Inception was the fifth-highest domestic grossing film of 2010, and a personal favorite. It grossed over $292 million in the domestic market, and $823 million worldwide. I'll admit that I've already seen Inception multiple times, and I can say before reviewing it on this blog that it does pass the Reverse Bechdel, quite easily. But it may not pass the Original Bechdel; I remember Ariadne talking to Mal, but they may have just been talking about Dom. There's only one way to find out, so let's go deeper... (yeah, I couldn't resist, sorry).
The first man in the movie is Dom, although he doesn't immediately speak. The first person with lines is one of Saito's projections, which immediately raises the question: Do projections count as people for the purposes of the Bechdel test? They're certainly characters in the movie, but they're only real within the dream. My first instinct is to say that projections should only count when they reflect real people; for example, Dom's projection of Mal, and Fischer's projection of his dying father. However, I think it would be more interesting to keep track of both reality and projections, so that's what I'll do.
What if only real people count?
(I am assuming for simplicity that people who seem to be real actually are.)
The first real person to speak is Saito, to Dom. He asks, "Are you here to kill me?" Dom does not respond in this time frame. The next scene takes us back to Dom's first infiltration of Saito's dream world, this time with Dom speaking.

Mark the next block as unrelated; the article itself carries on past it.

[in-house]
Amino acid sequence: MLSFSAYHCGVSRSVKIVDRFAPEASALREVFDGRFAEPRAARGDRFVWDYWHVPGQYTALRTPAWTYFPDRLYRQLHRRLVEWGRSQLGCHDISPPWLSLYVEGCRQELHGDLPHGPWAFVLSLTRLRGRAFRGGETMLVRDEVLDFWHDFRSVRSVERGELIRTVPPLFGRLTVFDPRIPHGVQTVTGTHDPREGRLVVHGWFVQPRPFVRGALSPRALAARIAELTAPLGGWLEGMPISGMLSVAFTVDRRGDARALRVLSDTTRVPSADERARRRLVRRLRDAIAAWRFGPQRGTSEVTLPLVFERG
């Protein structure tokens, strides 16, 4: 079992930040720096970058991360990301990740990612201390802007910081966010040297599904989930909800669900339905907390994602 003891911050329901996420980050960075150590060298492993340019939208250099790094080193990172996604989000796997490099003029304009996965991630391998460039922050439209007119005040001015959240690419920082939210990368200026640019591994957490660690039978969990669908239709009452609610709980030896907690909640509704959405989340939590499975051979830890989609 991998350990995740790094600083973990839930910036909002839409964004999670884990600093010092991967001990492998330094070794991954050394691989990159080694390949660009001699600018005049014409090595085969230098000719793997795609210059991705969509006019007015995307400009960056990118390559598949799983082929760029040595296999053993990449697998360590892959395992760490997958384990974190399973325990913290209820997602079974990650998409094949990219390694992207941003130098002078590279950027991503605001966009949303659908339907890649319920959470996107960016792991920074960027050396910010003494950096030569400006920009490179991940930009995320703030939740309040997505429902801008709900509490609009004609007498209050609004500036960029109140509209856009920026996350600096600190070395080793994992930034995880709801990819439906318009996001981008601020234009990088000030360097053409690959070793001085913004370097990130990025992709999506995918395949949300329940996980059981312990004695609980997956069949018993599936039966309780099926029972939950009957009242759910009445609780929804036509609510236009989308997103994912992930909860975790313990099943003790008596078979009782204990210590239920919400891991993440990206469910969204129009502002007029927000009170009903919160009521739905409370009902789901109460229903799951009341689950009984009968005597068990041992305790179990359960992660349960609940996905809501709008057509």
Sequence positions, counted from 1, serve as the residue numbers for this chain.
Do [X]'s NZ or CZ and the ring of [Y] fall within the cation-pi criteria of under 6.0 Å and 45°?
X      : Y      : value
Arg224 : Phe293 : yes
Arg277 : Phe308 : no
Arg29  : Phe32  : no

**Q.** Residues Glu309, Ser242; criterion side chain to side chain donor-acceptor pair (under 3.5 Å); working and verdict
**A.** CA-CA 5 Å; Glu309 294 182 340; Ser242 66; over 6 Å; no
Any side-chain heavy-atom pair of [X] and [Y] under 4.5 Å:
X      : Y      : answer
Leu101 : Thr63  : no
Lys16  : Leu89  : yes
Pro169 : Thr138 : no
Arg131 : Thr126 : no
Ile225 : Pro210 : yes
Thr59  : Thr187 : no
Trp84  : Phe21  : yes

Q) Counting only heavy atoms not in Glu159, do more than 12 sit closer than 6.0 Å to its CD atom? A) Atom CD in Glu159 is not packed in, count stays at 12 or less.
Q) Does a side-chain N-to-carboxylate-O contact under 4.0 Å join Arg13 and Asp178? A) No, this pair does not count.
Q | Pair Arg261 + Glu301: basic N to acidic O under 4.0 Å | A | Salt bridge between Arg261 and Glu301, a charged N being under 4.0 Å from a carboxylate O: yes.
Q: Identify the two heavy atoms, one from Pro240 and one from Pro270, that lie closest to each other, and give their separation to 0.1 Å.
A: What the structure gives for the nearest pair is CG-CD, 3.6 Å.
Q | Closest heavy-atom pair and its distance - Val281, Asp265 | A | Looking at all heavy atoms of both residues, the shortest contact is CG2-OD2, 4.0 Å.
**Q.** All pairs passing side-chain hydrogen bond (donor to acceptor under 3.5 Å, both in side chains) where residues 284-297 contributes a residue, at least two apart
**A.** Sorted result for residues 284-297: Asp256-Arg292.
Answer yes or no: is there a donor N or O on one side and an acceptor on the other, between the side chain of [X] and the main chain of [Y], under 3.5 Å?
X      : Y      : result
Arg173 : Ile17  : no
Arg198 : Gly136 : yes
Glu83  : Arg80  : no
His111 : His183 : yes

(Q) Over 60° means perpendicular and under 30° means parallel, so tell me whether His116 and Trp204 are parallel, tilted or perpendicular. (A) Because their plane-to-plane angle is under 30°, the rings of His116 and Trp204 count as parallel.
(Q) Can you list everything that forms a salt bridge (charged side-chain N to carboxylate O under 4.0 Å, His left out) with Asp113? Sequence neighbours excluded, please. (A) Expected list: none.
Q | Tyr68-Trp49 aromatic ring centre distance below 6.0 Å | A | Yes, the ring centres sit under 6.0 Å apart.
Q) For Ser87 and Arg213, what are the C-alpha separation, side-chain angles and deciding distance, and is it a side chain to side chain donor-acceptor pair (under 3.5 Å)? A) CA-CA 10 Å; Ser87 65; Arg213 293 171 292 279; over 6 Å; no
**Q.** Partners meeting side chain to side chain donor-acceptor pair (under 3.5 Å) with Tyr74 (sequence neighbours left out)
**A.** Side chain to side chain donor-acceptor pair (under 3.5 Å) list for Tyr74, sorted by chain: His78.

Dom asks Saito, "What is the most resilient parasite? A bacteria? A virus? An intestinal worm?" Arthur tries to interrupt, saying "Uh, what Mr. Cobb is trying to say..." Dom continues that the most resilient parasite is an idea, to which Saito responds by asking, "For someone like you to steal?" Arthur explains extraction, and Dom offers to help him defend himself. Inception thus passes the Reverse Bechdel test within the first four minutes of the movie, with real people (albeit, while in a dream).
The first real female is Dom's young daughter, Phillipa. She's shown on screen as a projection in the first minute, and seen around the sixteenth minute in a memory flash, but we also hear her real voice on the phone. Her first line is "Hi Daddy." The second female, heard but not seen, is "Grandma", telling the kids they've talked enough and to "say bye-bye." The kids don't audibly respond to this, so it doesn't count for OB-2. Ariadne, the film's third real female character, and the first to be seen speaking on screen, makes her first appearance 25 minutes into the movie.